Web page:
The Safdie brothers’ Good Time is one of a few ironically titled films playing in Cannes this year (devotees of Michael Haneke may not be surprised to hear that his film Happy End has an end but rather skimps on the happy) - and it isn’t spoiling the film’s delights to say that its characters do not, at any point, have an enjoyable moment.
Robert Pattinson plays Connie, a grifting, desperate criminal, to Benny Safdie’s Nick: two brothers who rob a bank at the start of the film and whose heist goes from bad to worse. The pair are conspicuously reminiscent of George and Lenny from Of Mice and Men, not least in the way the dreams they have built for themselves are clearly going nowhere. Sporting his worst haircut since David Cronenberg’s Cosmopolis, Pattinson underlines his character’s frantic existence, with busy body language and frenetic, angry speech; he appears to care for his disadvantaged brother but the film points up all the ways in which his plans and activity are actually detrimental to his brother’s wellbeing. After their plans go awry and Nick ends up in hospital, Connie resorts to ever more desperate measures to help his brother and raise money.
The Safdie brothers, Josh and Benny, paint this world in slick splashes of neon — blues and pinks that imbue Connie’s pathetic escapades with a touch of hedonism. The film’s colours, and the popping, questing score by Oneohtrix Point Never, make the film’s action more maniacal, and the world it takes place in more broken. The movie’s desperate climax, in an abandoned fairground where violence surges from nowhere, is a further reminder of how at odds with the world these people are. So much of the film is played as a bleak farce, a little like Nicolas Winding Refn having a stab at a Coen brothers movie; but the brothers have a greater grip on reality, and don’t take pleasure in their characters’ idiocy. Everything in the film seems to be costed, every little action has consequences: the narrative hems its people in at all times.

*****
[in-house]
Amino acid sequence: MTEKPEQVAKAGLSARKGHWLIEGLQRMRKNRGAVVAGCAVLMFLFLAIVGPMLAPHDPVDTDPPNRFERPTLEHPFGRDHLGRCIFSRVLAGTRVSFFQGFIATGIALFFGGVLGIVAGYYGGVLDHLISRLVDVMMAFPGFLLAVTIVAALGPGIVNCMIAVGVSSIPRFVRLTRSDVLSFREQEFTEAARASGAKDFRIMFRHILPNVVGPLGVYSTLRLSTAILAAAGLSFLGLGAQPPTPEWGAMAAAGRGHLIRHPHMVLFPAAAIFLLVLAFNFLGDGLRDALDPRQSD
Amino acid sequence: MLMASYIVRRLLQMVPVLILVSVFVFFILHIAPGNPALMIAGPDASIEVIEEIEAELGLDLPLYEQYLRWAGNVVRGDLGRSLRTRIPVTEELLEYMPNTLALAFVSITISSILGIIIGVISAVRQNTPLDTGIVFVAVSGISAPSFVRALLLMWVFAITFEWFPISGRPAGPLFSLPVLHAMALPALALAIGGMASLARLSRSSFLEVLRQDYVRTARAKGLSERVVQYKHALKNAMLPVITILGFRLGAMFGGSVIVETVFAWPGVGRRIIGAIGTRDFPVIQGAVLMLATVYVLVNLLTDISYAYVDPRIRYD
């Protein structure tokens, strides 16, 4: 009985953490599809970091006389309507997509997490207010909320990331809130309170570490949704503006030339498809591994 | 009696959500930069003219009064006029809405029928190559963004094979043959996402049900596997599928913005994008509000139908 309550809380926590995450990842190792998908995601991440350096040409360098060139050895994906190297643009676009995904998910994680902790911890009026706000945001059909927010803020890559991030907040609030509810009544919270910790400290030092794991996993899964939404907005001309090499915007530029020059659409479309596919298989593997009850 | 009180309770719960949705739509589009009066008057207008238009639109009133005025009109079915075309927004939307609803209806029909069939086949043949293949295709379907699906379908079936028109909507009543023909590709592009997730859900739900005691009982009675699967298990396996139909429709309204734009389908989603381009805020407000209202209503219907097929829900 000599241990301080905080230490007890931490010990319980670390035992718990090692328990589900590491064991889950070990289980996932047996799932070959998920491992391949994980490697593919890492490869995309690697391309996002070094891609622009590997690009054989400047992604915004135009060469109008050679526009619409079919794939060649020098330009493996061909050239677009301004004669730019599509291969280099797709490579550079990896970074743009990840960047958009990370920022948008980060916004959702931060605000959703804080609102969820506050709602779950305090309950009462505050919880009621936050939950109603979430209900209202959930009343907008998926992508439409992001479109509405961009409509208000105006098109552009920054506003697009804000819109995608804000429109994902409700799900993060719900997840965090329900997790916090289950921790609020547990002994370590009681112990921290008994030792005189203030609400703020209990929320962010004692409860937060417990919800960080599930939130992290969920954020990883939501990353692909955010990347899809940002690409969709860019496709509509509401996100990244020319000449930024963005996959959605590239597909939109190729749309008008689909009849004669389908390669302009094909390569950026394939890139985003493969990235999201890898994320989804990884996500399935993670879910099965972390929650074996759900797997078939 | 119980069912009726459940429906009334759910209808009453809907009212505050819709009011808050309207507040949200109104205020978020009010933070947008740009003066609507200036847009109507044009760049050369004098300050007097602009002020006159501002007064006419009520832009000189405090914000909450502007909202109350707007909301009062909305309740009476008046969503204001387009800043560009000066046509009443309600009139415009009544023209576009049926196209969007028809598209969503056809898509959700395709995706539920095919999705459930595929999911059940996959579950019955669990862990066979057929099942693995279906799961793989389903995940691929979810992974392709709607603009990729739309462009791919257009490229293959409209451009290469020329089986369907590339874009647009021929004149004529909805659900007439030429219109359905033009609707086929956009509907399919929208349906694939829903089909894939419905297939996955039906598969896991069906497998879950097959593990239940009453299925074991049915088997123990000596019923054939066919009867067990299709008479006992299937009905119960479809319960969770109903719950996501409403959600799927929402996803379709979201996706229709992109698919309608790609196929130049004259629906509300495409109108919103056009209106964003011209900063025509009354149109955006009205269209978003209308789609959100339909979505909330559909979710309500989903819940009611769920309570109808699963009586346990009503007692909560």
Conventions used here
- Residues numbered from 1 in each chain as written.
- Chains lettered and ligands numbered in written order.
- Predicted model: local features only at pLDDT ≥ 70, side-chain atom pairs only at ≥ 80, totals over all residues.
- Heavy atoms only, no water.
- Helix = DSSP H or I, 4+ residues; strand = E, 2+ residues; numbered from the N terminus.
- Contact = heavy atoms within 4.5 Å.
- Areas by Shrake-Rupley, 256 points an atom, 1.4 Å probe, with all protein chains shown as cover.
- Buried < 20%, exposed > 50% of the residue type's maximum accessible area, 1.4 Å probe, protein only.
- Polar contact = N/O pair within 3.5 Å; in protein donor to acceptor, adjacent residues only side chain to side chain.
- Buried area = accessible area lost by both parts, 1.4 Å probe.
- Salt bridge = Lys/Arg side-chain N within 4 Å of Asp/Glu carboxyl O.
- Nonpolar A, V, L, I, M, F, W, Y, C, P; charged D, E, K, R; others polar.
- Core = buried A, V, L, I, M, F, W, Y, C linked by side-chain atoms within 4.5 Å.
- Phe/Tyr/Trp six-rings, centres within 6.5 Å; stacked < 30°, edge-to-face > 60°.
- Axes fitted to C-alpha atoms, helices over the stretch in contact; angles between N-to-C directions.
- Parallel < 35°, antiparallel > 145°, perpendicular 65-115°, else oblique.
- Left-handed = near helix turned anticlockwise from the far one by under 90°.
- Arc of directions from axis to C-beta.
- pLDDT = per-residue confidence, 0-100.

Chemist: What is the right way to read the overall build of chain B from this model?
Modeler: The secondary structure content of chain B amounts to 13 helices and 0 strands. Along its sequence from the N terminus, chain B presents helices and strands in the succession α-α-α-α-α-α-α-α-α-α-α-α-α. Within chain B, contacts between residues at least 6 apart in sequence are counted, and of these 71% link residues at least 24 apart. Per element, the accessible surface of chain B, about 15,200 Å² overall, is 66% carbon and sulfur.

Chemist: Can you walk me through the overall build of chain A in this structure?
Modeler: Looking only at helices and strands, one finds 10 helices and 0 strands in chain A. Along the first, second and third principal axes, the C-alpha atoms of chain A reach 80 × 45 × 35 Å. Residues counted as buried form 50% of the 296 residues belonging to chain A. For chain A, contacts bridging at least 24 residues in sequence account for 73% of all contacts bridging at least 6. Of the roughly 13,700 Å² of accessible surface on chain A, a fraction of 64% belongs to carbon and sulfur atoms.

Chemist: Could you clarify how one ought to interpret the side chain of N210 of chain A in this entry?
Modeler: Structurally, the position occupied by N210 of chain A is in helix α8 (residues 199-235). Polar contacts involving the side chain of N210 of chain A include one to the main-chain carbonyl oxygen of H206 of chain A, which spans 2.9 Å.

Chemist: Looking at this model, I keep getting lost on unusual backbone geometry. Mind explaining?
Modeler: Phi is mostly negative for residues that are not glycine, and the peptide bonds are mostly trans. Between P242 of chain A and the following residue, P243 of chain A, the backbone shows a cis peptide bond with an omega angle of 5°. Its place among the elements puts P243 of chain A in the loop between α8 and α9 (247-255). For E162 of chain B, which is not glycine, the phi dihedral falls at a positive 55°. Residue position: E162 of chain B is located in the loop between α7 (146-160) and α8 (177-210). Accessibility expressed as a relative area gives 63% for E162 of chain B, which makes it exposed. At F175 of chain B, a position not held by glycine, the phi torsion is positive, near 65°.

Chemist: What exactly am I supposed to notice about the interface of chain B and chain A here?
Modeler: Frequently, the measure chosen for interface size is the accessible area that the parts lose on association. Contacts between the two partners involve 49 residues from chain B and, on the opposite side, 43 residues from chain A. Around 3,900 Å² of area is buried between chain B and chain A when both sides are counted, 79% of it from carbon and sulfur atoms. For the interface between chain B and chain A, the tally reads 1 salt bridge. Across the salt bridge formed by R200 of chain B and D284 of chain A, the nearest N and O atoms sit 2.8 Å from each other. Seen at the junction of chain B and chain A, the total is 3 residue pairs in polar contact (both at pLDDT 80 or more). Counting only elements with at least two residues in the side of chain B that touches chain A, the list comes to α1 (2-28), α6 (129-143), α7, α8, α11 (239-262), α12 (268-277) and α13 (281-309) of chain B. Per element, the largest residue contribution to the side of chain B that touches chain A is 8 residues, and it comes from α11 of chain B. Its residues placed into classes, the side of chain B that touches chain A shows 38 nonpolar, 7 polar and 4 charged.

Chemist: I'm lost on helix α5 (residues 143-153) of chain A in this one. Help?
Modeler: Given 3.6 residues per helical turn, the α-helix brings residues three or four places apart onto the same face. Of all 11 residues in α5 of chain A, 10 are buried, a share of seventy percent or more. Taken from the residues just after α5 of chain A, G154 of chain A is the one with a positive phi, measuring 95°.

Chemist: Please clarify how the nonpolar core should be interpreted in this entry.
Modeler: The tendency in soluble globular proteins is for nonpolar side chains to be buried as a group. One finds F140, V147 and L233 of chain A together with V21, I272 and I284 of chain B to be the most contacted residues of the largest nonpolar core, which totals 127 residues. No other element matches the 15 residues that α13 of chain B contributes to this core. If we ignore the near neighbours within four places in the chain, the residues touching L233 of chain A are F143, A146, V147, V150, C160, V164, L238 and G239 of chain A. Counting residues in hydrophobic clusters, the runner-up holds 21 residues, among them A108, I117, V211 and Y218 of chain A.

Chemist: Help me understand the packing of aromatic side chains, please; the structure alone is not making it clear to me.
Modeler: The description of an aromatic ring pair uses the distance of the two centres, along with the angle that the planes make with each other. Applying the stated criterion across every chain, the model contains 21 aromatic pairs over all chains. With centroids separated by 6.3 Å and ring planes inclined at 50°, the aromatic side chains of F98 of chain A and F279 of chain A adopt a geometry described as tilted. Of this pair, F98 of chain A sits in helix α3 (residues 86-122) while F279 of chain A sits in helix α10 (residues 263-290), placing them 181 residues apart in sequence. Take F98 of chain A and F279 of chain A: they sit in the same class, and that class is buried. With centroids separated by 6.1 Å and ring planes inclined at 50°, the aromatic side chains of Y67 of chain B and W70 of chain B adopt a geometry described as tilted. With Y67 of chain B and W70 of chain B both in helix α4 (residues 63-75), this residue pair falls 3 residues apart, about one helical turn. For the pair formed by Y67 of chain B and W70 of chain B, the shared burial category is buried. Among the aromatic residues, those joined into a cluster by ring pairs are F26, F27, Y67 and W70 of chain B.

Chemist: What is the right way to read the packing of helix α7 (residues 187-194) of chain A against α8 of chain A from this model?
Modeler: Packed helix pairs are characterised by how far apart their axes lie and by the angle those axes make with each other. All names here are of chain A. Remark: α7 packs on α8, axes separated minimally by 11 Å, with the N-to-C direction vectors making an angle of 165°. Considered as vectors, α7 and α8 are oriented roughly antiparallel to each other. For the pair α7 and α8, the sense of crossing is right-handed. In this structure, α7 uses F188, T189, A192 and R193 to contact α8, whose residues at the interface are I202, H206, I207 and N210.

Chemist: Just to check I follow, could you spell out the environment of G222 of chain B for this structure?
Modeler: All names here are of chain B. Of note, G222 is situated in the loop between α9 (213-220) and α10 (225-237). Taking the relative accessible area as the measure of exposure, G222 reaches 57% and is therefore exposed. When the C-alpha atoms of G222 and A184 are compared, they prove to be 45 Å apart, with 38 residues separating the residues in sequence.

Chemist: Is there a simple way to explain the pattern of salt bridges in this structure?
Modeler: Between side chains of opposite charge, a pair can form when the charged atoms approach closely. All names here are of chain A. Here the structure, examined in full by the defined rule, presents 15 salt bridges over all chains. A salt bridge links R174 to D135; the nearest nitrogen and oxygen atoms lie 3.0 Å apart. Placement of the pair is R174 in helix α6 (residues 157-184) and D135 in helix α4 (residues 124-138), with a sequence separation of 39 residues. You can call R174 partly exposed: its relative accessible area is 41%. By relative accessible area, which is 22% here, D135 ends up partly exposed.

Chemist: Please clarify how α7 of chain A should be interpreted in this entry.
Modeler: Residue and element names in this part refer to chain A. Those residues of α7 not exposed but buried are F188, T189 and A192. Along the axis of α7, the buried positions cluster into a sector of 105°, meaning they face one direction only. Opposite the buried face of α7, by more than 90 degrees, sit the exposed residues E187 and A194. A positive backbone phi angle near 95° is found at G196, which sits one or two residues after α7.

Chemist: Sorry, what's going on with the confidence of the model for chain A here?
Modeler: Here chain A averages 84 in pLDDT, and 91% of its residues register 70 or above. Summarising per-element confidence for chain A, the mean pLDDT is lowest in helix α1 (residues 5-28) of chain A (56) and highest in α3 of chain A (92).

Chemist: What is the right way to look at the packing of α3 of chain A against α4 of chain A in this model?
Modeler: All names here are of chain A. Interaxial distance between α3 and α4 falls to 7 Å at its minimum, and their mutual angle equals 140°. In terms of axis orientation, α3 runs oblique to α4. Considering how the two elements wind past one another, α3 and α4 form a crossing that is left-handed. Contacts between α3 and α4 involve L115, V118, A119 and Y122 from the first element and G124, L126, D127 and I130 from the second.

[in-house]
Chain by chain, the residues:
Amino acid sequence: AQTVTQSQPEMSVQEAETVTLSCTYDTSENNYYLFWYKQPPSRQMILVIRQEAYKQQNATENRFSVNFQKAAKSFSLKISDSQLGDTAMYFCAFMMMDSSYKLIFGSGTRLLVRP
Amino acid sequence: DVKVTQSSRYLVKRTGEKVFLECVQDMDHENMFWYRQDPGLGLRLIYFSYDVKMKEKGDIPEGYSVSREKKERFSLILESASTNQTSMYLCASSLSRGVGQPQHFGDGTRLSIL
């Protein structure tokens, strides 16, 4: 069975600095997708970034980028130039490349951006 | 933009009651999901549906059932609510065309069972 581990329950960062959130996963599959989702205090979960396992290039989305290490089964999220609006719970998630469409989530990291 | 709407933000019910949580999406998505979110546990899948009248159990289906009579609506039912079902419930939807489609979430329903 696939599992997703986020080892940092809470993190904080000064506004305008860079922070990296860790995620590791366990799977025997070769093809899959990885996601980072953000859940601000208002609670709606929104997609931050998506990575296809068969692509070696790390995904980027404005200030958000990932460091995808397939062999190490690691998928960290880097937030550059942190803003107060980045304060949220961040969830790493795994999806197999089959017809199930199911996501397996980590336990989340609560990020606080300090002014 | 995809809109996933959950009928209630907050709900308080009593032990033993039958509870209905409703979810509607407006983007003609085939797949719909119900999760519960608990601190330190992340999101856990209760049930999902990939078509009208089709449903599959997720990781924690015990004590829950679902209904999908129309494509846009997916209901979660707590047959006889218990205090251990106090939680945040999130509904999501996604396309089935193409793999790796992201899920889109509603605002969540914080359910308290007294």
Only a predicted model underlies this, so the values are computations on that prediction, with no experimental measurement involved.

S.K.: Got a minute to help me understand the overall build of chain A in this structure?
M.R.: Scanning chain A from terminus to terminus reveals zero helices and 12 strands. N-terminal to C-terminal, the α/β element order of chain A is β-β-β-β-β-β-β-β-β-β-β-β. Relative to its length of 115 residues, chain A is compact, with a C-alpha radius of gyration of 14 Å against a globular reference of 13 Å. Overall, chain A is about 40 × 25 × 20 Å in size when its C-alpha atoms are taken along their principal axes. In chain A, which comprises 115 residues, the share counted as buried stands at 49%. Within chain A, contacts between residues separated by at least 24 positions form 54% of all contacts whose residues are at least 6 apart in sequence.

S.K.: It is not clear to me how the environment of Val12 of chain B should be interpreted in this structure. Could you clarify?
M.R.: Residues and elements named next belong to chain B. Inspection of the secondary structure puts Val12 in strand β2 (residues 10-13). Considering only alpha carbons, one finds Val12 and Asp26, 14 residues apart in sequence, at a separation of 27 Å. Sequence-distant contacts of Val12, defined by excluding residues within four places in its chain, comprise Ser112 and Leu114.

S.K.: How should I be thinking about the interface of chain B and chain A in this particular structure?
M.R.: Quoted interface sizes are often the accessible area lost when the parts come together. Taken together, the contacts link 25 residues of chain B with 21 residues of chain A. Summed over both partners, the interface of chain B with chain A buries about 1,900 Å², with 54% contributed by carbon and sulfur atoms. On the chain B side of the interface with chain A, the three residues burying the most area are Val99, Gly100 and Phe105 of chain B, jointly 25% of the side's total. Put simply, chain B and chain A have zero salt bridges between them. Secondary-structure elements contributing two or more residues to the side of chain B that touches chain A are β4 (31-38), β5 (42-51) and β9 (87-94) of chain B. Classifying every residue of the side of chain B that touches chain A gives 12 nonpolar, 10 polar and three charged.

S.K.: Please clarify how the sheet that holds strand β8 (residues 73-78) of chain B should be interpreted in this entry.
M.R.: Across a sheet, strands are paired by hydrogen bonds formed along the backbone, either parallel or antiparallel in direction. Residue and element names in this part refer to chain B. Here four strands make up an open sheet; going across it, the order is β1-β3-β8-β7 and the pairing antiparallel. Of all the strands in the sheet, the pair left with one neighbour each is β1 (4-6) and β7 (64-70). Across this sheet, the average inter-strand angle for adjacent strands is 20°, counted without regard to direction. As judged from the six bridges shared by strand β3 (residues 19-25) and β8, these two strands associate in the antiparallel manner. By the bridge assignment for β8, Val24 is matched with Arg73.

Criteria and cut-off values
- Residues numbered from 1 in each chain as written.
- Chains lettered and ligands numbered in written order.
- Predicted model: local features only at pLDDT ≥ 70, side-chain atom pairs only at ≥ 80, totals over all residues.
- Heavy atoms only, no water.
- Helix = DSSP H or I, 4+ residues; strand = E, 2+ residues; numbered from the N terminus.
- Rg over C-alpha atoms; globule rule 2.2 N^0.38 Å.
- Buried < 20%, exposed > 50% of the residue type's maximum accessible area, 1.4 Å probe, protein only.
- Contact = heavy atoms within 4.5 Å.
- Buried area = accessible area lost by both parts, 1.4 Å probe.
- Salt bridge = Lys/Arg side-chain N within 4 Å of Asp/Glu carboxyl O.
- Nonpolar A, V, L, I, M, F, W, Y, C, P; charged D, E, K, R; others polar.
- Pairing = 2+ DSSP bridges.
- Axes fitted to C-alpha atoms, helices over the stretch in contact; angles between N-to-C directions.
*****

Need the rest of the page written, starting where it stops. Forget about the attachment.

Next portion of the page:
The film is also strong on race relations, particularly in an early scene where the brothers rob a bank sporting rubber masks that are intended to disguise them as people of colour. Later on, Connie shamelessly takes advantage of a young black girl (Taliah Webster) when he’s fleeing the law: the film is quite clear that the brothers have no understanding of their privilege, and that what Connie feels he is owed by society is a product of his social standing as a white, straight man.
Despite this good work, presented in an allusive way, the film doesn’t go too deep on social questions, and remains something of a curio for the way it meshes an indie sensibility with aspirations to be a genre movie. Good Time hits most of its beats, but is ultimately disposable; this isn’t to say that there aren’t great pleasures to be had in its confident and able filmmaking, but it doesn’t step up to become something more than what is on the screen.